Women, YA and the NYT Bestseller List

Yesterday, StackedBooks released a study on the gender of YA authors on the New York Times bestseller list. Conventional wisdom would tell you that the majority of bestseller YA authors are women. After all, young adult fiction is dominated by female writers. This domination is neglecting male readers. And on purely anecdotal evidence, the bulk of YA writers (or at least the ones I see on social media, which may be a different thing) are women. So it would make sense that the NYT bestseller list would be dominated by women as well.

Except that it's not.

I recommend checking out the original article for the full statistics and analysis (it's compelling, depressing stuff), but here's the jist: on average in 2013, 7 books in the NYT top ten have been written by men, and 3 by women. When you consider individual authors, rather than titles, the numbers get worse: 5 men appear, and only 2 women.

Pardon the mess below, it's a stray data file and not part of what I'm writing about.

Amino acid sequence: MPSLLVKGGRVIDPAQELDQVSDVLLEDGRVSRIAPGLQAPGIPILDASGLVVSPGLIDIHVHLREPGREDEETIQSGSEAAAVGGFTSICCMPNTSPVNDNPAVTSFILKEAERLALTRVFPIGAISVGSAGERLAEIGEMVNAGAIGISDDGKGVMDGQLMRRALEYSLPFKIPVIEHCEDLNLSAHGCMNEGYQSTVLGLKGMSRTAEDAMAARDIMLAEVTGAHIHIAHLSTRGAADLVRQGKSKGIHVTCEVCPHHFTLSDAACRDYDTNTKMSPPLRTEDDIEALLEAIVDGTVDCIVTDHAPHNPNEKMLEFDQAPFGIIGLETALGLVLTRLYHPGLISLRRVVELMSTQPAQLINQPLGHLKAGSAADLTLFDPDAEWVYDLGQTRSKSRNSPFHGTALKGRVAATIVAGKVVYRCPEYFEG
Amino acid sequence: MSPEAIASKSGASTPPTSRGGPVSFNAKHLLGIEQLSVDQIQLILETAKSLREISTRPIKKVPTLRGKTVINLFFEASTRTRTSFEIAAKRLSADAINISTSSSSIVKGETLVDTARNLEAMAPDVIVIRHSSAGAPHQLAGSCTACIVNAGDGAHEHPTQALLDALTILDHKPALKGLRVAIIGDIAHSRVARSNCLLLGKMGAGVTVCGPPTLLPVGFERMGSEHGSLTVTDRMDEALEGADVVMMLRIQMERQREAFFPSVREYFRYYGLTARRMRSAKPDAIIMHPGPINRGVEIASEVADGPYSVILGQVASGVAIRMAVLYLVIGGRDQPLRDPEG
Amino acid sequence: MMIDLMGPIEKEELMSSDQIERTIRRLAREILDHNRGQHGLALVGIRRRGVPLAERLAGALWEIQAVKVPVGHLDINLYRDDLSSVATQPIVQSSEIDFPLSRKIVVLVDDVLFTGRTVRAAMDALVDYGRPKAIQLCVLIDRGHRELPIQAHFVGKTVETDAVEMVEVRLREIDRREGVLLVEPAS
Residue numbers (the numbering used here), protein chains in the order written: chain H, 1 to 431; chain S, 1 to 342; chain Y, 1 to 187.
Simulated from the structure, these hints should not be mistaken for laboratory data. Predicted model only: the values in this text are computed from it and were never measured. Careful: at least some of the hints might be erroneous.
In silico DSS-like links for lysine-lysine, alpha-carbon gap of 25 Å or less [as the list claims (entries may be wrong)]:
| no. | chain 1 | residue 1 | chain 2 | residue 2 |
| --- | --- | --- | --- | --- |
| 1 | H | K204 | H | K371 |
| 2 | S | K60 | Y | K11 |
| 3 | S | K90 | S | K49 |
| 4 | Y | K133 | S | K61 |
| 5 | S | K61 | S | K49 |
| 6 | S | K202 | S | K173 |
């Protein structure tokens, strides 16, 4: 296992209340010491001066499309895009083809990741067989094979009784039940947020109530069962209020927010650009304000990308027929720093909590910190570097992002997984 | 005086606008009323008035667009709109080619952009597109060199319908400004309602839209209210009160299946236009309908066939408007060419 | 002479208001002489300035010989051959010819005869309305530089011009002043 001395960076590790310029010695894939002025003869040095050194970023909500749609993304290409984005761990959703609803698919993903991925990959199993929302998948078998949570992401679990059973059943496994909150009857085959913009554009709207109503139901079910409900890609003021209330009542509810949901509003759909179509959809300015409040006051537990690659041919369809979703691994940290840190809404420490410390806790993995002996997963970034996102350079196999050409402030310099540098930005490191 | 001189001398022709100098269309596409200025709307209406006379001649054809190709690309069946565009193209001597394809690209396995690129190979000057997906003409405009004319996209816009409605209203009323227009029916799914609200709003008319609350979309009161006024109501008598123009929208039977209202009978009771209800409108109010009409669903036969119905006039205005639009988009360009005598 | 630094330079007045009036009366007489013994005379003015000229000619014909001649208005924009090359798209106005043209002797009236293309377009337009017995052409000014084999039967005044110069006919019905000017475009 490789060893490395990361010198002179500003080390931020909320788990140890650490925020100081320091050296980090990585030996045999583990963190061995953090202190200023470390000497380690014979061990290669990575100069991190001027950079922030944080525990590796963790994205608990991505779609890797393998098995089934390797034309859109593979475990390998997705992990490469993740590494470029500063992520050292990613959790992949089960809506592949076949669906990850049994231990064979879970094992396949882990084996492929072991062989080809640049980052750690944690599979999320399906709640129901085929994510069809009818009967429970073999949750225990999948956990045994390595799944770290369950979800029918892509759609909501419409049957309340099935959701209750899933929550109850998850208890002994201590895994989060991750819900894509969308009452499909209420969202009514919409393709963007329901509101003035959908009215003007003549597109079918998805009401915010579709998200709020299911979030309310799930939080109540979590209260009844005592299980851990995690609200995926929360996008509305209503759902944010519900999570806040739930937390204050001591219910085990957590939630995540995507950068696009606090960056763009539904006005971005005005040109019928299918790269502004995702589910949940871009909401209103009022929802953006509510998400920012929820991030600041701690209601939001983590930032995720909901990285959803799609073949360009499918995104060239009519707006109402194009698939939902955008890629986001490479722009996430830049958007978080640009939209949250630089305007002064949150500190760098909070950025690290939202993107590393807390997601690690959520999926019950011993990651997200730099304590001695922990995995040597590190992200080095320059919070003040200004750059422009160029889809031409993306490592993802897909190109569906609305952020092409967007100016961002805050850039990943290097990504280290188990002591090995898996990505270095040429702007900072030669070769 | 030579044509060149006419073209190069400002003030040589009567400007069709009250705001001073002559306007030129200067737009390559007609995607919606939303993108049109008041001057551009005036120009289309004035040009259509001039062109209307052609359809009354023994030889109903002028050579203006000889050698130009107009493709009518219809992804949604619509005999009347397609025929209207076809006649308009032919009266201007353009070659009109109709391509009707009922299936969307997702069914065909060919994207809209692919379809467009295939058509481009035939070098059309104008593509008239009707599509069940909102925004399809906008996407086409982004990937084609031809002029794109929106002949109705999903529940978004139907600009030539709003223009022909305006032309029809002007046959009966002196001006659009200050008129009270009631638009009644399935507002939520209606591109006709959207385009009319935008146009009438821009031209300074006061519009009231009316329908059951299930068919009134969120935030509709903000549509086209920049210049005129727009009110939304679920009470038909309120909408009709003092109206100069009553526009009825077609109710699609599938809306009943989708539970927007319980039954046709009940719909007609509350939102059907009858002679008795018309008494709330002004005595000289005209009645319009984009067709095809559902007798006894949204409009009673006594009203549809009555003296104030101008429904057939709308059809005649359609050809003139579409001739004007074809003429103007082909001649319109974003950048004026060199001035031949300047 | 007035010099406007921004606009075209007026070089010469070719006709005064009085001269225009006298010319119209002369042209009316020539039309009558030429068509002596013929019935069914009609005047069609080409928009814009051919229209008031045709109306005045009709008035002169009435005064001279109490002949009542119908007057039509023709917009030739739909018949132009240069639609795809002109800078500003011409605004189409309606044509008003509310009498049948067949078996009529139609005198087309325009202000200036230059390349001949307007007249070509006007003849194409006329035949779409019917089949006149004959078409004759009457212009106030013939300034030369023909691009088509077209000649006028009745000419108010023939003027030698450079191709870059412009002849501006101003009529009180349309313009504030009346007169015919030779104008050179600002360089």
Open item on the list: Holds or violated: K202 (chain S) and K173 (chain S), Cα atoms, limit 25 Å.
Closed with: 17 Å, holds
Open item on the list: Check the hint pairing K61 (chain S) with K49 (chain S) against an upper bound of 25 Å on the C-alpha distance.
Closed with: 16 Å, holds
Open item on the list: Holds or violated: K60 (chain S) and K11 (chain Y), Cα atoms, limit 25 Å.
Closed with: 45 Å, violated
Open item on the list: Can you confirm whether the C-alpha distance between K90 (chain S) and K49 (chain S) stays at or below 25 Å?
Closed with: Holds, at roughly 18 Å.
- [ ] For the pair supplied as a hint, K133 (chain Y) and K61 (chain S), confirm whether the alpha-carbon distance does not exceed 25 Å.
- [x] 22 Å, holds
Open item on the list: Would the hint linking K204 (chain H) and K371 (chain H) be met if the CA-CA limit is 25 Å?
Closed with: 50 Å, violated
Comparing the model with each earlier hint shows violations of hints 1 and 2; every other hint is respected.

And yet we perceive the genre as "dominated" by female writers. 2 out of 7 names, or 3 out of 10 titles, is considered "domination."

Perhaps this should be unsurprising. Studies have shown that people perceive women as "dominating" a discussion when they speak 30% of the time, and only consider things equal when they are speaking 5-10% of the time. Typically, 30% of the New York Times list is written by women. So of course, they are perceived as taking up an unequally large amount of space in the genre.